The target areas were localized according to the International 10–20 System (Figure 1). For the unilateral DLPFC stimulations, the anodal or the cathodal electrode was placed over the right F4 or the left F3 according to the stimulation modes whose names are self-explanatory, while the return electrode was placed over Pz. The position of Pz was chosen to construct the current circuit together with the DLPFC because of the reasonable spatial and functional distance from the parietal cortex to our target region, which decreased the possibility of stimulation interaction or task interference (Cohen et al., 2000; Simon et al., 2002; Wagner et al., 2005). The placement of the electrodes in unilateral sham was randomly selected out of the four placements above. For the bilateral DLPFC stimulations, the anodal (cathodal) electrode was placed over the right F4, and the cathodal (anodal) electrode was placed over the left F3, in the right anodal/left cathodal (left anodal/right cathodal) treatment. The placement of the electrodes in bilateral sham also randomly applied one of the two bilateral placements. These stimulation montages were suggested effective in modulating the activity of unilateral or bilateral DLPFC in previous literature (Fecteau et al., 2007a, b; Merzagora et al., 2010).

FIGURE 1
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Figure 1. Target areas of unilateral stimulations (F3/F4 and PZ) and bilateral stimulations (F3 and F4) according to the International 10–20 System.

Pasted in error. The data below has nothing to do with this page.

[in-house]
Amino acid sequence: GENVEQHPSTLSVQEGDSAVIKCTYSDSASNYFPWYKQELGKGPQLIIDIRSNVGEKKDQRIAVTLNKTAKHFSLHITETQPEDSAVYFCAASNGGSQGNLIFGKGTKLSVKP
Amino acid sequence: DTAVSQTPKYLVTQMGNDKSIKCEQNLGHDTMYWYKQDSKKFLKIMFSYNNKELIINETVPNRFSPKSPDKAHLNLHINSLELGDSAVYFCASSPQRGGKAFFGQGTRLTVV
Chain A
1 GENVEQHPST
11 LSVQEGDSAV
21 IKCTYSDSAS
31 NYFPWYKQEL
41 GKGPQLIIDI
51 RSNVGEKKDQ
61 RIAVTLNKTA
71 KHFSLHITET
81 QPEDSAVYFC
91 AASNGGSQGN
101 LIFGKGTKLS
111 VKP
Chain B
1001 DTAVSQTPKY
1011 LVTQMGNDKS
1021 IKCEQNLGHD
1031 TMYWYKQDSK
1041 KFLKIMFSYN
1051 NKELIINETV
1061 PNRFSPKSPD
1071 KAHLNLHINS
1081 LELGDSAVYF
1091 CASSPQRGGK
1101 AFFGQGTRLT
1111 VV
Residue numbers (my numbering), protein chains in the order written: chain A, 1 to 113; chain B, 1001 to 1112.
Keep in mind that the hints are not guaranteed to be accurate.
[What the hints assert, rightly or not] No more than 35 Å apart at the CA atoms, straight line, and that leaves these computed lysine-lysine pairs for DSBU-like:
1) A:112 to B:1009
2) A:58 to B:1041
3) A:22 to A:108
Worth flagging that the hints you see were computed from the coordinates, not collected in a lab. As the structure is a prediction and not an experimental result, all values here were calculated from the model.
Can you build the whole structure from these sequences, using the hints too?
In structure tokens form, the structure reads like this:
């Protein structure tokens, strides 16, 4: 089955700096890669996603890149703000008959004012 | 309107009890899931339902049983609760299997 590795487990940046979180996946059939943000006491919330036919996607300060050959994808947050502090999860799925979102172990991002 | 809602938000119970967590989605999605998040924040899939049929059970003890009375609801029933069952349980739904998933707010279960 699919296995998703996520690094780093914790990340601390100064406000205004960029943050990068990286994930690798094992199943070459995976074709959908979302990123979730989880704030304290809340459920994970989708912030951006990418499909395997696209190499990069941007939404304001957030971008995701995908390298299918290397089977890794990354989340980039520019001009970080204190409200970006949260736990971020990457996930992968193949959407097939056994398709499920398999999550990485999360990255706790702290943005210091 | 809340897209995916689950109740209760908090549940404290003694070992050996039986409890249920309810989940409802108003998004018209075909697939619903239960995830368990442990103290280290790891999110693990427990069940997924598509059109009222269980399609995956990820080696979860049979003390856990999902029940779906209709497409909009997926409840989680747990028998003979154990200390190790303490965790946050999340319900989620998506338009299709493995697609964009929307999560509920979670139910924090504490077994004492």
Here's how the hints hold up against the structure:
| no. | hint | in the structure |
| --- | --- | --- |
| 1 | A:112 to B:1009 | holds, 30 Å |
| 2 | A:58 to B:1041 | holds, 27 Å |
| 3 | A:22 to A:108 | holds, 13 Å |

Experiment Design

3-Player Prisoner’s Dilemma

The 3-player prisoner’s dilemma is modified from Falk et al. (2005), in which three players are grouped together to decide simultaneously whether to choose Strategy A (represents cooperate) or Strategy B (represents defect). The profit of Player i from the choice is represented by the following formula:

P i = 20 + 2 × D i - 4 × j = 1 , j i 3 D j

Pi is the profit of player i in the game. Di = 0 if Player i chooses Strategy A and Di = 1 if Player i chooses Strategy B. In this case, every defection (i.e., choosing Strategy B) will lead to two tokens’ benefit for the defector and four tokens’ harm for each of the other two group members compared to the situation in which every member cooperates (i.e., choosing Strategy A). Table 2 shows the profit matrix of the three players denoted as i, j, and k in a group. For each player, the optimal choice is defection given other players’ choices, while the total benefit of the group is maximized when everyone chooses cooperation. In other words, the benefits of the individuals and the group are at odds, which is the crucial characteristic of prisoner’s dilemma.

TABLE 2
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Table 2. Profit matrix of the 3-player prisoner’s dilemma.